Scrapheap Symphony

I spent some time this summer working on a film for Brother Printers with Chris Cairns, Neil Mendoza, Marek Bereza to name a few, and at last it is out!

Firstly, all the sound in the film is real, nothing is faked, re-pitched or re-timed in post production.  Ok there are a couple of fake bits, one being the deep pulsing hum at the very beginning, and the other being the paper feeding up in the breakdown shot.  It’s not the usual focused, foleyed and tweaked sound that I get involved in, in fact it’s completely the opposite to my normal processes – everything was captured at source and only re-balanced in the final mix.  The point of the film was to make a big clanging whirring mess to juxtapose the lovely Brother feller on the end – that’s what I’m saying anyway…

A quick blurb:

Neil, Marek and their soldering army took apart various machines and hooked up whatever motors and mechanisms they could to some custom circuit boards (based on arduinos).  The boards were set to receive midi (control data) which I was outputting from my laptop using Logic Pro.  I composed / arranged a version of Bob Dylan’s classic tune ‘The Times They Are A Changin’ by mapping out the various machines as an orchestra of sorts.  In the early stages of production I used the first test machines that were wired up to approximate what the final arrangement would sound like.  As I wrote the arrangement, I recorded the machines in separate passes, one by one, so that I could balance them against each other more musically.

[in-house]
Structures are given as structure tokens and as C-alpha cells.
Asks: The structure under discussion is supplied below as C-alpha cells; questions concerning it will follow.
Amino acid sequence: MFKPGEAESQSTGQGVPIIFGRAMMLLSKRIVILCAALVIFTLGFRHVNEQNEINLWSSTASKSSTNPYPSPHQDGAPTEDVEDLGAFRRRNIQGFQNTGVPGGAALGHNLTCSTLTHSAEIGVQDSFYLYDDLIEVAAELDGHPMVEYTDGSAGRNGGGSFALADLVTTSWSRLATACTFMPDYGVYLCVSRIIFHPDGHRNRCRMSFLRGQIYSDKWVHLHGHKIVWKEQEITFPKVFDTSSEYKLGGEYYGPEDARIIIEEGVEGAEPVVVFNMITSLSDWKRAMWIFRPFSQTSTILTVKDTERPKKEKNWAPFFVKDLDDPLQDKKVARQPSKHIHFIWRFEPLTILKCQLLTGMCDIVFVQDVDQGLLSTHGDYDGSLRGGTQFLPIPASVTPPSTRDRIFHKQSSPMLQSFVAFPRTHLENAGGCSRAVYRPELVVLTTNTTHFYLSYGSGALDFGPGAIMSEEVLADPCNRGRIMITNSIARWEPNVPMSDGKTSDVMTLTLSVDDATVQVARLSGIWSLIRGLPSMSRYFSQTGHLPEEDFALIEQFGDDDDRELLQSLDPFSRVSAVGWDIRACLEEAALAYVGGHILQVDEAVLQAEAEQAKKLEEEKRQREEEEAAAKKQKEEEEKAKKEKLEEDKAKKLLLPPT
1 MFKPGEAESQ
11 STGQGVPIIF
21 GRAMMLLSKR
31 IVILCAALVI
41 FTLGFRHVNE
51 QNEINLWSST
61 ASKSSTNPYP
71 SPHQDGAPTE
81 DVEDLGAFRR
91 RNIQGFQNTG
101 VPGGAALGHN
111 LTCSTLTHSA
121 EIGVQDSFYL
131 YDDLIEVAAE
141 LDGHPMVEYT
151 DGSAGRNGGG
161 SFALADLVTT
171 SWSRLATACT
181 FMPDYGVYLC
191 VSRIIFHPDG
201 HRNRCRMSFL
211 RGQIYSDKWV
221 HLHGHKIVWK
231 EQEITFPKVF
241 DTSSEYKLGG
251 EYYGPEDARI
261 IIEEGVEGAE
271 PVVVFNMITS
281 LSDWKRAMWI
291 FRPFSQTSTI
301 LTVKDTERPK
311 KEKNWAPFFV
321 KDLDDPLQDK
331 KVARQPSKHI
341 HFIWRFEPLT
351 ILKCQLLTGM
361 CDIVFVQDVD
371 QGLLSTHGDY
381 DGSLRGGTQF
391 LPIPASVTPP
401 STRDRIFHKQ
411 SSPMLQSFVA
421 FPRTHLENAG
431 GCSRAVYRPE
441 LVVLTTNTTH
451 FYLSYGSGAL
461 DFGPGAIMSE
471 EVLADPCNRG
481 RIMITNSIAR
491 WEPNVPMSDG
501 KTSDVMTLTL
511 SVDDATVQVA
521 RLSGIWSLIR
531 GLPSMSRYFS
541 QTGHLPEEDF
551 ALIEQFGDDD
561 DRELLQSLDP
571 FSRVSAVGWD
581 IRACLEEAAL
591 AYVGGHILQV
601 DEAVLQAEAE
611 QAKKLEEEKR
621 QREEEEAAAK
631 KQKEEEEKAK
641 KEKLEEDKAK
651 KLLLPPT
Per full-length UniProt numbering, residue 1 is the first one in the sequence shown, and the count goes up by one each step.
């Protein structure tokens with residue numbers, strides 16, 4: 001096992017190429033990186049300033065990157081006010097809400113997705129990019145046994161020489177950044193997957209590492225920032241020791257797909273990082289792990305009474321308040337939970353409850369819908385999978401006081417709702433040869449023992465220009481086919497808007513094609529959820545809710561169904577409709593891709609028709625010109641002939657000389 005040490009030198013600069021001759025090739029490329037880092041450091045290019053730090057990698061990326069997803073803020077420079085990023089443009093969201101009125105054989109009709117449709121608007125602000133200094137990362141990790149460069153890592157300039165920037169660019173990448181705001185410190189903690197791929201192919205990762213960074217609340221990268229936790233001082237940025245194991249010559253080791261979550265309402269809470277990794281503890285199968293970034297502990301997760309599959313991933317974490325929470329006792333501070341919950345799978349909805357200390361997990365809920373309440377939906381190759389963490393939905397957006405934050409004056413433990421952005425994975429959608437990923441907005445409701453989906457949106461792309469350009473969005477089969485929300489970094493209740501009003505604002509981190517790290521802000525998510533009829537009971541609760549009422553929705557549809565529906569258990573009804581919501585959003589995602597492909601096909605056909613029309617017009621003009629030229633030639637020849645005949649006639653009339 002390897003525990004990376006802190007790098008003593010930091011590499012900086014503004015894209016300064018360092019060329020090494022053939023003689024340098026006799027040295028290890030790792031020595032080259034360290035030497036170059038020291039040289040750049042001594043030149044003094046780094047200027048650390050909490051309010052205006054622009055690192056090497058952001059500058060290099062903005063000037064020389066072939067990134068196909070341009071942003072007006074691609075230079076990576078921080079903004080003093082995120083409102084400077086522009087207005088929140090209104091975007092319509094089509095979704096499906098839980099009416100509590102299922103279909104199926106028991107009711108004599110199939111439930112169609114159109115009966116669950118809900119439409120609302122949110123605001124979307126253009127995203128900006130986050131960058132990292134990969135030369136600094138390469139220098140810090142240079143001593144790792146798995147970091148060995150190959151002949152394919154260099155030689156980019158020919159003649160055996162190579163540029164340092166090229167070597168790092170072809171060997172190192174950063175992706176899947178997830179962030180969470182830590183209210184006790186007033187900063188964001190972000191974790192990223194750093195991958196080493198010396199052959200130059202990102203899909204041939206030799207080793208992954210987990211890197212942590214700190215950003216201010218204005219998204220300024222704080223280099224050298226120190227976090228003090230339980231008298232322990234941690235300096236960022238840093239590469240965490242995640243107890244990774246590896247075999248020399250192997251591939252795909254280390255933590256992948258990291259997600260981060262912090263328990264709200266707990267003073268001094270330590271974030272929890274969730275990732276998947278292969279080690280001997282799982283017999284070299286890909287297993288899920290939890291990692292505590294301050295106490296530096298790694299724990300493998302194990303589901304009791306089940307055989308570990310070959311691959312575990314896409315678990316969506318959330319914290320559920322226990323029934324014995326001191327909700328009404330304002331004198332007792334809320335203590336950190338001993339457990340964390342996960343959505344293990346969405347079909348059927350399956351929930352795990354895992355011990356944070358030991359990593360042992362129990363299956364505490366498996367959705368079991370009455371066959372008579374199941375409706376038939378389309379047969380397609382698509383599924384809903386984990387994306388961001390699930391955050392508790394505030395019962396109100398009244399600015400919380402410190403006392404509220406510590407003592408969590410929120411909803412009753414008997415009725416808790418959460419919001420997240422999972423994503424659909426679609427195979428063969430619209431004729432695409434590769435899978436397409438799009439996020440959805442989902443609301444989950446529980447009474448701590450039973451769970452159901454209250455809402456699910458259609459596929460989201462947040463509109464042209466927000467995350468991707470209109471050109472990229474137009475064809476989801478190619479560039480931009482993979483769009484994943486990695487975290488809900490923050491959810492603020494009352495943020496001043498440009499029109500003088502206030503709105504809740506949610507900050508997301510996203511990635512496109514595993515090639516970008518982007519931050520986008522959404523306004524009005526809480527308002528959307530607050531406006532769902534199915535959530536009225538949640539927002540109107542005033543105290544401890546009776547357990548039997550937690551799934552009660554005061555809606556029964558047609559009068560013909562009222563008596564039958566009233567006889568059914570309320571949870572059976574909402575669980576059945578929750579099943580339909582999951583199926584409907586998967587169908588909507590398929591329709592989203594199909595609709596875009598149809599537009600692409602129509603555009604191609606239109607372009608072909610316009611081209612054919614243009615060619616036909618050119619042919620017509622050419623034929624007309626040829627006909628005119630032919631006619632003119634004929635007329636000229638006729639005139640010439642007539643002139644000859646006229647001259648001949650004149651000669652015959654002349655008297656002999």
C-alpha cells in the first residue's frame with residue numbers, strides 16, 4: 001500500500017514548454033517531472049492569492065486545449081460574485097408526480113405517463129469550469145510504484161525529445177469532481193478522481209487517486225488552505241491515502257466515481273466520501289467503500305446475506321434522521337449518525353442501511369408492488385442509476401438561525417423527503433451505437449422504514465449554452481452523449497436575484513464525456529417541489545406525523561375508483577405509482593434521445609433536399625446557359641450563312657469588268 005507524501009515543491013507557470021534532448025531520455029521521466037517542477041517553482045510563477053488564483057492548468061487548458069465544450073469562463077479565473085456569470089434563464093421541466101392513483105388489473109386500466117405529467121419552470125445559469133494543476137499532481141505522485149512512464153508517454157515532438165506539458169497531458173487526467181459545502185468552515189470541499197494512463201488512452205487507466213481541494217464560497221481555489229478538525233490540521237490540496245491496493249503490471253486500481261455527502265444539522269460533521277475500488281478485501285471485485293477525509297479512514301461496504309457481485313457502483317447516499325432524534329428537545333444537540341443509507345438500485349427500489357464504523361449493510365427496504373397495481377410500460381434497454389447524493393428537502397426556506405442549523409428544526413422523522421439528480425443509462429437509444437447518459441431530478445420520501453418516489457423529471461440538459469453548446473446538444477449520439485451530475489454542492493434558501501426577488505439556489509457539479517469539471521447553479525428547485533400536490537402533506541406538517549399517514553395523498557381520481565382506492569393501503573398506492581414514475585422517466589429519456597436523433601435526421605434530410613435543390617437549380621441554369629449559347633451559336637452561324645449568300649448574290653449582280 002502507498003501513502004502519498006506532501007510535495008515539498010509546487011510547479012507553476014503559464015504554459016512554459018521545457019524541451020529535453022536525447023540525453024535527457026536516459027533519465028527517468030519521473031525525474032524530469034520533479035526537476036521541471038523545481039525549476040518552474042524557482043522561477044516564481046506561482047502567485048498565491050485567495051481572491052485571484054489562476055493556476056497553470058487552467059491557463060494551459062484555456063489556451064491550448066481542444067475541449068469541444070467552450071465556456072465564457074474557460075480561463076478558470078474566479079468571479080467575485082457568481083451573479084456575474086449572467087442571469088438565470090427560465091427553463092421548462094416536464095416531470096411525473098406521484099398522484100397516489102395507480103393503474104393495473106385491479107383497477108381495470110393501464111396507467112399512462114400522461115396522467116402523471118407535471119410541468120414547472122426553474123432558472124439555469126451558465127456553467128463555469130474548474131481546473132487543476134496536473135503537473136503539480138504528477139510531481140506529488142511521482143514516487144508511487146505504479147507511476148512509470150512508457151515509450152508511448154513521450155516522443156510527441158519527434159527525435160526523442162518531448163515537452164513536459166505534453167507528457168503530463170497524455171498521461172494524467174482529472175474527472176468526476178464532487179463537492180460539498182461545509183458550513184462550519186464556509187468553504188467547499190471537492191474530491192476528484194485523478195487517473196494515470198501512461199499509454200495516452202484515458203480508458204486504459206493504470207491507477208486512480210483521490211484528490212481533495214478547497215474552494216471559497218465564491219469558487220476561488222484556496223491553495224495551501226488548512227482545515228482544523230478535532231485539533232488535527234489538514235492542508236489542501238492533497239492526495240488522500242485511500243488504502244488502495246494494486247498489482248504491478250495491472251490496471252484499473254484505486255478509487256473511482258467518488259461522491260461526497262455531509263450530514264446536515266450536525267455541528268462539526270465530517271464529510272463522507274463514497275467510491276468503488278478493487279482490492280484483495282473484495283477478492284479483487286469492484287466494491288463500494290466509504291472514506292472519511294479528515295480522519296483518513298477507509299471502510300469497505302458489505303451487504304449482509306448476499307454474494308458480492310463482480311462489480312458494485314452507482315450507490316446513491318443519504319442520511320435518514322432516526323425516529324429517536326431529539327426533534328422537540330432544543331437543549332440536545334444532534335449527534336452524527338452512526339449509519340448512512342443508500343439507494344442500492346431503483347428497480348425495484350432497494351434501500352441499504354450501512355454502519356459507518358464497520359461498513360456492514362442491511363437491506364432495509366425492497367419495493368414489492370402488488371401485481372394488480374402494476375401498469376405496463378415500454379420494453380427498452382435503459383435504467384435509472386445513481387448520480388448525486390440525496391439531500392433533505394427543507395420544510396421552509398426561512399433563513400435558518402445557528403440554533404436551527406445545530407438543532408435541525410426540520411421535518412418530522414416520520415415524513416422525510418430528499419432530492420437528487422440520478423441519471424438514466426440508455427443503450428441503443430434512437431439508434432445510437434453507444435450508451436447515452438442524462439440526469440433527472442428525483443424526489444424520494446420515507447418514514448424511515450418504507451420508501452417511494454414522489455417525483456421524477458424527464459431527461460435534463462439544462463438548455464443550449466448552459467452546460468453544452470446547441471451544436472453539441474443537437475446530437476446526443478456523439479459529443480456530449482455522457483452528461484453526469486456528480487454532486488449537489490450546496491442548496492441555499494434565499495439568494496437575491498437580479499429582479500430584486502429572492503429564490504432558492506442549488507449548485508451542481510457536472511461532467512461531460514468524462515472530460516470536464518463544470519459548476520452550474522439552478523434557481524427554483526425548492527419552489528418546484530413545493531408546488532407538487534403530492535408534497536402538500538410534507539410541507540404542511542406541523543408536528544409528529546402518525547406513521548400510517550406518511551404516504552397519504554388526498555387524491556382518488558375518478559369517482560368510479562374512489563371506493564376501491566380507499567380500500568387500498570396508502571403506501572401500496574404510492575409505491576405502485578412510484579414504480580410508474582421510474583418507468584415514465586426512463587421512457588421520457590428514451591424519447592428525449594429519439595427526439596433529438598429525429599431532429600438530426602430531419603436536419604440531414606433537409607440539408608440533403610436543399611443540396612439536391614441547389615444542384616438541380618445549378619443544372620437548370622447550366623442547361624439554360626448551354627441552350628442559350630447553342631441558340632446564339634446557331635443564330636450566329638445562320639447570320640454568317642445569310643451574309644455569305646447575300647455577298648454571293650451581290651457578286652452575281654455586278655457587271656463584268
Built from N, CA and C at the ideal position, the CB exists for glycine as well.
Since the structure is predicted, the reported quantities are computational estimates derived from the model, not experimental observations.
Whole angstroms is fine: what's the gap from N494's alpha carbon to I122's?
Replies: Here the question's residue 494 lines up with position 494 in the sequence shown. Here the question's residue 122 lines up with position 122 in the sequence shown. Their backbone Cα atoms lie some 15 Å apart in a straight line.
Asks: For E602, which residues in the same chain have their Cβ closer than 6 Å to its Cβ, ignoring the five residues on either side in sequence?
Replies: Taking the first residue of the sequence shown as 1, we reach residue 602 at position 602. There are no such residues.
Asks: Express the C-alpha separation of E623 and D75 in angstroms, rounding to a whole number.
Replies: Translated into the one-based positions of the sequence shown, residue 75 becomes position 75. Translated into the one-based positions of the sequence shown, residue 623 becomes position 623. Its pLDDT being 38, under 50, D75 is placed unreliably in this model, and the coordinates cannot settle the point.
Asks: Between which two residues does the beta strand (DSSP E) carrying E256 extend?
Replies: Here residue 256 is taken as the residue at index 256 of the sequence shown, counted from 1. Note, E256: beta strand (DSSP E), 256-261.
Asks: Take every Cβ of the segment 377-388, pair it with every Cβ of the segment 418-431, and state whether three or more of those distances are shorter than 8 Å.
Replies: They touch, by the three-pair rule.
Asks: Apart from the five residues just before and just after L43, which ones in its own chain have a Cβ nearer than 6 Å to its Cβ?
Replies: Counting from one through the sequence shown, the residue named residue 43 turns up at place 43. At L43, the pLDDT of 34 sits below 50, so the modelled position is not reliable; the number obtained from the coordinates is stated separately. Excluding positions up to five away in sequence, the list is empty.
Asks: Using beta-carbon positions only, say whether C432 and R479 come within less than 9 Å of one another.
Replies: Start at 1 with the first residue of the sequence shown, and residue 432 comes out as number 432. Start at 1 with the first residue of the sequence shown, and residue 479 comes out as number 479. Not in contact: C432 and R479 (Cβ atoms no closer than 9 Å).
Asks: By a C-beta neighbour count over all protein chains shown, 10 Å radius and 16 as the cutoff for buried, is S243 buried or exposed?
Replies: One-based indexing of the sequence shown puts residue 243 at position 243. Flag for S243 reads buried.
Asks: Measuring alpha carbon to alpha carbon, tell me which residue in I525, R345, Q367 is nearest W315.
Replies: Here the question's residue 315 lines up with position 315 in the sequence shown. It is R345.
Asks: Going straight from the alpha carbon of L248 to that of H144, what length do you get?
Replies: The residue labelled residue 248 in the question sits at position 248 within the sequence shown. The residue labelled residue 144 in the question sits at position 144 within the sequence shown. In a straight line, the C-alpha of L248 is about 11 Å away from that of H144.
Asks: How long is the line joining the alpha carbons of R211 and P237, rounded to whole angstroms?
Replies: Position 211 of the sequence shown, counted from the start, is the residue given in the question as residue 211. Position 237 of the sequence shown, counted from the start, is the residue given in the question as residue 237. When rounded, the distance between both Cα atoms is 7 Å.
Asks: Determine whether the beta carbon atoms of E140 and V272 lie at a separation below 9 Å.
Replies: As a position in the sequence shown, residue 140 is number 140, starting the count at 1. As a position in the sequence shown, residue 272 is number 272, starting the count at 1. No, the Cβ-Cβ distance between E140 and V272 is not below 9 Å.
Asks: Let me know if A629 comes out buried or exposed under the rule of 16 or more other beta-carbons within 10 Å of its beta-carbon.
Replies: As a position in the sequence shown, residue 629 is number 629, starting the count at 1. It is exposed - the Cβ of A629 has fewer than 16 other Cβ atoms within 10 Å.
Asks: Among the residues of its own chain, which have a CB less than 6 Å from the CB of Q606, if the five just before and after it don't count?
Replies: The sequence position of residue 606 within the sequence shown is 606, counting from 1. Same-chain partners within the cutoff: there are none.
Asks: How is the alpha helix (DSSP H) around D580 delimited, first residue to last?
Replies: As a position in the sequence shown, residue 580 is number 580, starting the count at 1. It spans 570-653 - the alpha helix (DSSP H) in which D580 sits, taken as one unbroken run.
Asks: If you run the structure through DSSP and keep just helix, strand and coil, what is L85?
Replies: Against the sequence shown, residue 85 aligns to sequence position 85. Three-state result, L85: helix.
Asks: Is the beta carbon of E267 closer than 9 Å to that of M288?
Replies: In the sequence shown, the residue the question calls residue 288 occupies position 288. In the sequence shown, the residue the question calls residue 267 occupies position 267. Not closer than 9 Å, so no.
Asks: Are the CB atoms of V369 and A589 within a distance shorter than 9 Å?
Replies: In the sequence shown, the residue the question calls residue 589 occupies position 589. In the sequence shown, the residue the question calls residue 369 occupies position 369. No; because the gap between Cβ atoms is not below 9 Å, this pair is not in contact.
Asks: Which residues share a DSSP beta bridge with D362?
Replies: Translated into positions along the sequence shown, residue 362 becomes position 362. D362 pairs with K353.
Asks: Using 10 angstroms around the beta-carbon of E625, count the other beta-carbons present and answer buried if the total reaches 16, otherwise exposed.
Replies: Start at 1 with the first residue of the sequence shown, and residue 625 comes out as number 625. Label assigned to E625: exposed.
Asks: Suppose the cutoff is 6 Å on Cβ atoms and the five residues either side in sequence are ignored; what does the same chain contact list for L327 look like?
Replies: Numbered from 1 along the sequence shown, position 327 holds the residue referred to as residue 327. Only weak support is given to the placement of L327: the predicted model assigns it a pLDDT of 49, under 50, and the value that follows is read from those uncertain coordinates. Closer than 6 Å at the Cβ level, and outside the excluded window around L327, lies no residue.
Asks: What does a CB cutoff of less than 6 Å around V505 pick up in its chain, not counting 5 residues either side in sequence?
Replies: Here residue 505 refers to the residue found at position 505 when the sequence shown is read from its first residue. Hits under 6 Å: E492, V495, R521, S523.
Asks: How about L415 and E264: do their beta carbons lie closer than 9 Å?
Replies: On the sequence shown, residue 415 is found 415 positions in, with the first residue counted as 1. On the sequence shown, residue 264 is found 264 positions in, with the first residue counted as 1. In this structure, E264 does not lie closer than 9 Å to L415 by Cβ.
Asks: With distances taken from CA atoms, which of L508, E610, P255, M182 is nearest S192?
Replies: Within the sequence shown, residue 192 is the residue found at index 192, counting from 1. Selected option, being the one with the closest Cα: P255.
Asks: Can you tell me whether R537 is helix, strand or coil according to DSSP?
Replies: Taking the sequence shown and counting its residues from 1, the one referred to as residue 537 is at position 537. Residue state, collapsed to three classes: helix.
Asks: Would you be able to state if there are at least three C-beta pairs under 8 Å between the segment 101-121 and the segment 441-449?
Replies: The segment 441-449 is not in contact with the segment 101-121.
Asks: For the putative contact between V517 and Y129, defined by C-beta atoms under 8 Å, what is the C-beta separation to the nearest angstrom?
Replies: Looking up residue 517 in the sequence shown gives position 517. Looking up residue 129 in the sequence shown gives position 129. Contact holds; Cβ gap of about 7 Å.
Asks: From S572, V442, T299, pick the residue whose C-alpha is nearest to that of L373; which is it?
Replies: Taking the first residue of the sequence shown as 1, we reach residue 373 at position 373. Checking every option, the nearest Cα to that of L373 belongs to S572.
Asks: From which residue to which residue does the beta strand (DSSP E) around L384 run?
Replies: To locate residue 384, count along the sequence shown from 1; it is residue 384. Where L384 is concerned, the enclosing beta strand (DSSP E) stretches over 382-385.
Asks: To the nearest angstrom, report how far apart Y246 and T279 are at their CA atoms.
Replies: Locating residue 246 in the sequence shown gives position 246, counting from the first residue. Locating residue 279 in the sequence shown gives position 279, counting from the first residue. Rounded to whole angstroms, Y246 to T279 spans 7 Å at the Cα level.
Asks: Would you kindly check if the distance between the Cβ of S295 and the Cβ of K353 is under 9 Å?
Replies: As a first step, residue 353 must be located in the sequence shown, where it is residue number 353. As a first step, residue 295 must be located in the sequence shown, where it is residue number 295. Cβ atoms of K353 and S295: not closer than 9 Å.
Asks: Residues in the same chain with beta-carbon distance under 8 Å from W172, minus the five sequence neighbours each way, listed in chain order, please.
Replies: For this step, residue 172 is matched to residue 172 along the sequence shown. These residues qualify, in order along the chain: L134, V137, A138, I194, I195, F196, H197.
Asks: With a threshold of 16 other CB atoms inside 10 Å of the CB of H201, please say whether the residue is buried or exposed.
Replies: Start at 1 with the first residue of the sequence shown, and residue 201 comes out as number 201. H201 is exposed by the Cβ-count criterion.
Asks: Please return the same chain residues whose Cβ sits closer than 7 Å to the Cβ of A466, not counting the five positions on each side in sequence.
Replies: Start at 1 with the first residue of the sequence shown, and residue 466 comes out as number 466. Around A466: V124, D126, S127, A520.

The only day of the schedule I couldn’t work on due to other commitments, was the shoot day.  I left the set at 3 in the morning the day of the shoot, drove Chris, Marek and Neil to the local Holiday Inn near the set and waved goodbye hoping that on the day all would come good.  I was gutted not to have been able to be there on the shoot day but I had my good friend Tom Belton on hand to cover me – he is a Logic ninja so I knew it was all in safe hands.  On set my laptop was sequencing all the machines live from Logic Pro, the midi split out to each group from a Motu Midi Express 128.  Have a look at the midi sequence here:

So after the edit, I re-compiled all the recordings I had made pre-shoot in testing and from the shoot day, and did a final mix in Pro Tools at Factory Studios.  A lot of lessons learned, some late nights and some headaches but it was well worth it – thanks so much to Chris and co. for getting me involved, have a look at the final film:

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